We all know the formula: The Protagonist, feeble and indistinct, gets accidentally exposed to radiation or some other freak scientific derivative. This in turn gives him supernatural powers, which he nobly uses to protect the public. Leading a duel life as an average man and superhero, he attracts the girl of his fancy, but is also kept from confessing his love for her. Internally struggling, he decides he's willing to give up his powers for love, however he must first overcome an enemy with unprecedented powers. Logicomix, a graphic novel based on the life of mathematician and philosopher Bertrand Russell, is figuratively similar, while able to skirt the cliché.
Authors Apostolos Doxiadis and Christos H. Papadimitriou, along with artists Alecos Papadatos and Anni Di Donna, deliver this story of a man's quest for truth with bold colors and bright ideas. Framing the story in Athens during the creation of the book deftly allows for the authors to step back whenever abstract concepts need more clarification. When they introduce Russell, he's addressing American anti-war protesters at the advent of WWII. He entices the protesters to step into a lecture hall where he relays the story within the story within the story by describing the events of his life that led up to his established philosophical identity.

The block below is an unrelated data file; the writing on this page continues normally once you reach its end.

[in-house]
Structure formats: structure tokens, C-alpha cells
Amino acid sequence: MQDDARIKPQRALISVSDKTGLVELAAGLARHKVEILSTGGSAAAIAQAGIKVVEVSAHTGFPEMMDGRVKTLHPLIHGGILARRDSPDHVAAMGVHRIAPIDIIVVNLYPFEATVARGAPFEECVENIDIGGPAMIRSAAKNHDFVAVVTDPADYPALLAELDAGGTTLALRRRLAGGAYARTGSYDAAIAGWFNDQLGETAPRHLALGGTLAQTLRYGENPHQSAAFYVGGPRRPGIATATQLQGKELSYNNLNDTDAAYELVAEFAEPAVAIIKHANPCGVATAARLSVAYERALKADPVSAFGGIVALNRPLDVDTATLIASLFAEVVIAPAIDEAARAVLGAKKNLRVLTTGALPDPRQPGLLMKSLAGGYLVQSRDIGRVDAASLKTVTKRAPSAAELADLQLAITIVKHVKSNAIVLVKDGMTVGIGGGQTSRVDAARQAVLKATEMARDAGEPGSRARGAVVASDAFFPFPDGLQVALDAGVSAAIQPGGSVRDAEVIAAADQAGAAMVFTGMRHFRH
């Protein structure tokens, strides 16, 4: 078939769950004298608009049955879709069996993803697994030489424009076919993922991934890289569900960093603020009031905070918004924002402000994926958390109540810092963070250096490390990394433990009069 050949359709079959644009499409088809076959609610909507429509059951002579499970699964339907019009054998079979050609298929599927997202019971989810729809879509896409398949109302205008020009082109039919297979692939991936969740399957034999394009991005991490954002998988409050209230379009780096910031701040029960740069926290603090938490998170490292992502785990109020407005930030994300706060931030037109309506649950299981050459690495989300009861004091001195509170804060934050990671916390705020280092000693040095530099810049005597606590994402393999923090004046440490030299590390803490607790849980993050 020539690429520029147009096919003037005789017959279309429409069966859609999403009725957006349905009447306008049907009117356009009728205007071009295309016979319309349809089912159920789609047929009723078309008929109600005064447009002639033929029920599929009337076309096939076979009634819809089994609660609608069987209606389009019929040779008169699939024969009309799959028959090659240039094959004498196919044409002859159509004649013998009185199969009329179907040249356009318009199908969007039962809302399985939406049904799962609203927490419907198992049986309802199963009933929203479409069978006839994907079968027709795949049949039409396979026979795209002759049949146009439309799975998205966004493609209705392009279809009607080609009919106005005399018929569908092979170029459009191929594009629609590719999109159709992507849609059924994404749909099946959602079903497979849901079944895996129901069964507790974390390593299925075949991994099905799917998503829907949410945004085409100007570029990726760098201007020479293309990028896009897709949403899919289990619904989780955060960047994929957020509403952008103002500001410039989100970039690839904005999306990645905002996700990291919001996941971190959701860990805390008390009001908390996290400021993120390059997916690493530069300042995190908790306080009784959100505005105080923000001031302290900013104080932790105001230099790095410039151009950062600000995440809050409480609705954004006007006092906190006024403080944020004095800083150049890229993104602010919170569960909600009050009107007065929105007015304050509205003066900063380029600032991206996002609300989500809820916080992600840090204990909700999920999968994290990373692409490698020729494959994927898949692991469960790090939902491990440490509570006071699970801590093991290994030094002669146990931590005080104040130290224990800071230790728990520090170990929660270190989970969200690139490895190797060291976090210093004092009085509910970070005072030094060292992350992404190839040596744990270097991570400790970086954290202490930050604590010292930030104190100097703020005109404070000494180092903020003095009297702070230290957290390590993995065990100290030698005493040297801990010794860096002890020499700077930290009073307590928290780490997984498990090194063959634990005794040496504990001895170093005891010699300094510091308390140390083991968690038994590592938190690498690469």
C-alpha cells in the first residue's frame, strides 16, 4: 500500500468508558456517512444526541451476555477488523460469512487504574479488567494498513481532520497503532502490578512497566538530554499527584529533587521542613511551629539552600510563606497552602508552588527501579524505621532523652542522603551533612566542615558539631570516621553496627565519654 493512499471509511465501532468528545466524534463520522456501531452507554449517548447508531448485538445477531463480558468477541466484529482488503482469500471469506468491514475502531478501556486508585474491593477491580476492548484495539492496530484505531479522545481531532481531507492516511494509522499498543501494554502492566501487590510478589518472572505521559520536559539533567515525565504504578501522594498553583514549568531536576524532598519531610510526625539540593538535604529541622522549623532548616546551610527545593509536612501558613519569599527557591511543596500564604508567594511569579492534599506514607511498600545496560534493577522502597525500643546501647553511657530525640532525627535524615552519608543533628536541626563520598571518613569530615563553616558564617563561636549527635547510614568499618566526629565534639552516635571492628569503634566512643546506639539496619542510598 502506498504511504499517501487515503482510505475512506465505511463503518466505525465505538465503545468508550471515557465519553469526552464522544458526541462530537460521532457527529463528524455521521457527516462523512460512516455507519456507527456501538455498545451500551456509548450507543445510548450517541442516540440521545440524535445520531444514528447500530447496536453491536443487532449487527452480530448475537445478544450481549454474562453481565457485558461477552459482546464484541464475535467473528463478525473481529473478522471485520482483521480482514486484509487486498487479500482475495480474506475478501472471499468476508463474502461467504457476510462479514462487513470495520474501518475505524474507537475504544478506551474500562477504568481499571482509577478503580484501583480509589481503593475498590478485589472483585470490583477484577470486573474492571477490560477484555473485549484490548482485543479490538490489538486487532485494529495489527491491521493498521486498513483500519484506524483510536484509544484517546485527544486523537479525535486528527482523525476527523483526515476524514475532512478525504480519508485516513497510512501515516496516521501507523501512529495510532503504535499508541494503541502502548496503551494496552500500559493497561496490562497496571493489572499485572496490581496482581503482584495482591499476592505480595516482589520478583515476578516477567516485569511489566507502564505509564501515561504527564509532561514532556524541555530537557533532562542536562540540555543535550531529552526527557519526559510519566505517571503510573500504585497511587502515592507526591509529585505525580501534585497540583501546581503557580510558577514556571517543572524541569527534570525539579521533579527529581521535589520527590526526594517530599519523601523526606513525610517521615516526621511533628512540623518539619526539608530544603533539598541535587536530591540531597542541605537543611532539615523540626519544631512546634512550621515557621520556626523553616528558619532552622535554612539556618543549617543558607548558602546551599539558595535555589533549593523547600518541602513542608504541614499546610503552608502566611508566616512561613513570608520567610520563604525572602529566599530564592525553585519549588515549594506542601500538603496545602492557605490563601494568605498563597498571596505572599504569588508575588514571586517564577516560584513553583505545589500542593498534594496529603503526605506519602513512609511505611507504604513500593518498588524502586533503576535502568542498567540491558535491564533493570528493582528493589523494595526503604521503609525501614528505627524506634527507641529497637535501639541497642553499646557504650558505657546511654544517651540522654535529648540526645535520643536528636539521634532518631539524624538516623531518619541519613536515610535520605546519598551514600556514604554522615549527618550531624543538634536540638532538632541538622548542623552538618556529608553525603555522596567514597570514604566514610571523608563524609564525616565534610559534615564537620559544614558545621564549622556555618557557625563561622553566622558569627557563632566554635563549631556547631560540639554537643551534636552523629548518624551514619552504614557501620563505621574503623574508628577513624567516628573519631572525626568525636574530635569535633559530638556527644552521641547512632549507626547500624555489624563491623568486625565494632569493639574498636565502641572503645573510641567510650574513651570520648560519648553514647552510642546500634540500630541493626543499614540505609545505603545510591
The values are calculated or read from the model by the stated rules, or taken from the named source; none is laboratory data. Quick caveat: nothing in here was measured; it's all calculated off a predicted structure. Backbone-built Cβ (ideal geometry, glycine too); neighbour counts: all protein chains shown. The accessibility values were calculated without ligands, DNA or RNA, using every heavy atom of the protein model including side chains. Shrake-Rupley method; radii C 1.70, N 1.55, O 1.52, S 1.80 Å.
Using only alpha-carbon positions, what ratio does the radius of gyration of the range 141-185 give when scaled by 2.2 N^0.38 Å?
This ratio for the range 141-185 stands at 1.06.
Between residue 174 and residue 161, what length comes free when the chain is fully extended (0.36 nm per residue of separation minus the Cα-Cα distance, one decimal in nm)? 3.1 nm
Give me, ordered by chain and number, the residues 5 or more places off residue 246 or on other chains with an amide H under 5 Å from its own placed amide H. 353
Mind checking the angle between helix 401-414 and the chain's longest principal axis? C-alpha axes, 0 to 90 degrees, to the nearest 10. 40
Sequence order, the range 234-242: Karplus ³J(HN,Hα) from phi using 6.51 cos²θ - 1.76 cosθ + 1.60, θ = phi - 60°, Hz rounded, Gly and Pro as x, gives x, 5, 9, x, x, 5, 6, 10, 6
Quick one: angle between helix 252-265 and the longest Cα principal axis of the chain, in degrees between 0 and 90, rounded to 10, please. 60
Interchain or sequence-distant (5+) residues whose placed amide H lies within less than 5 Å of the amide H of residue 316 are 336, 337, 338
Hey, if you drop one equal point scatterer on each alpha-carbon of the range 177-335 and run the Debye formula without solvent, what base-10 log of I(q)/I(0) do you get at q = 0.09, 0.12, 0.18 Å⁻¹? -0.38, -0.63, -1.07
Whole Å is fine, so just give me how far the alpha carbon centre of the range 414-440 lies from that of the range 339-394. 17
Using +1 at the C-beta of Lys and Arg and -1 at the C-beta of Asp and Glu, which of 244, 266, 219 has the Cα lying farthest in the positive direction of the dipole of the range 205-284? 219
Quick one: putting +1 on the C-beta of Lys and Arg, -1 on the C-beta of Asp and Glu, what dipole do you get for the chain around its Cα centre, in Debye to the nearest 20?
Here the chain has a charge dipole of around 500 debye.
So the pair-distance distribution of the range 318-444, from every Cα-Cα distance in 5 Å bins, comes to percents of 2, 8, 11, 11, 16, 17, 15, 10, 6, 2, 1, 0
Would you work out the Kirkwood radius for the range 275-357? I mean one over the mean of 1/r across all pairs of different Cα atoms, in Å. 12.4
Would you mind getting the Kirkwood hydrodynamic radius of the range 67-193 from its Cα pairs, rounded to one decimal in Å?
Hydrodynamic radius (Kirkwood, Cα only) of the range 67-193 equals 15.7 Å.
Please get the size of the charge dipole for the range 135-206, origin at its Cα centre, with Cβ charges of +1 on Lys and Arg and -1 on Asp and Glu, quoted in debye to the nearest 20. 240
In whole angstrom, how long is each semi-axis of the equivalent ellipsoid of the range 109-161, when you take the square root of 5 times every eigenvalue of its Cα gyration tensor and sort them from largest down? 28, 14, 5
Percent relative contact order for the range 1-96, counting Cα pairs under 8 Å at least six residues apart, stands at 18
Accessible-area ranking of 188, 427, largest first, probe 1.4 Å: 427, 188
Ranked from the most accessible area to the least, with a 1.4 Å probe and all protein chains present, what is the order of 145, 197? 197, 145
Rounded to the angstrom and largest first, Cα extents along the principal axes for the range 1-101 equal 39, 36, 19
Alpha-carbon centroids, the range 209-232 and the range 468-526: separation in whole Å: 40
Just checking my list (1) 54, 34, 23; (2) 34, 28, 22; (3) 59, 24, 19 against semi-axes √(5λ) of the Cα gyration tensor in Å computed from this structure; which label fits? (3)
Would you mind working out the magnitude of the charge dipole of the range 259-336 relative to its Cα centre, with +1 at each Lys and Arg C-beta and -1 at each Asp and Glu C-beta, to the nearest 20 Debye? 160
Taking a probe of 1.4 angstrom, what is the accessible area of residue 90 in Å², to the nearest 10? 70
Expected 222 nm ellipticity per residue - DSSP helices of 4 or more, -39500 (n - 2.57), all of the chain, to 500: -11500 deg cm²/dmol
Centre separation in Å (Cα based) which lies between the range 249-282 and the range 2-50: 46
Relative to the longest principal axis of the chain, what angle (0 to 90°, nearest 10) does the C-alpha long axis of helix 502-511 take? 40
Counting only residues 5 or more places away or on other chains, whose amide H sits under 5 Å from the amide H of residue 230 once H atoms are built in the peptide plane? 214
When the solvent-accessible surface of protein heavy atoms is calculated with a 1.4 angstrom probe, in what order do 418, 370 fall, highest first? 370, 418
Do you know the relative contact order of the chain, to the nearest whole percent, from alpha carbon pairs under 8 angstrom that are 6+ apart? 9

Our superhero's goal is to discover mathematical truth. With the urgency of a man who believes the future of the world hinges on his discoveries, Russell proclaims, "I was now ready to battle against my own enemy... Irrationality, in its highest form." To prepare for this battle Russell sets out to meet some of his heroes of logic: Frege, Cantor, Gödel, Boole, and Whitehead.
Russell then conquers logic by presenting this paradox: Imagine there is a town with one barber, and where the law states that everyone who doesn't shave himself is shaved by the barber. Who shaves the barber? If he doesn't shave himself, he shaves himself, and if he shaves himself, he doesn't shave himself. This contradiction, which now seems like clever wordplay, devastated the mathematical community in 1901. Afterwards, Russell and Whitehead coauthor Principia Mathematica, in which they take 362 pages to prove that 1 + 1 = 2. The text is so dense that they can't find a publisher. However, since they spent so much of their lives writing the book, they decide to self publish.
The authors imaginatively deal with Russell's attempt to balance interpersonal relationships and the drive for truth, while also avoiding going mad as so many of his heroes did. Logicomix proves to be a humorous and evocative hybrid of the modern graphic novel, philosophy, and the mind of a genius.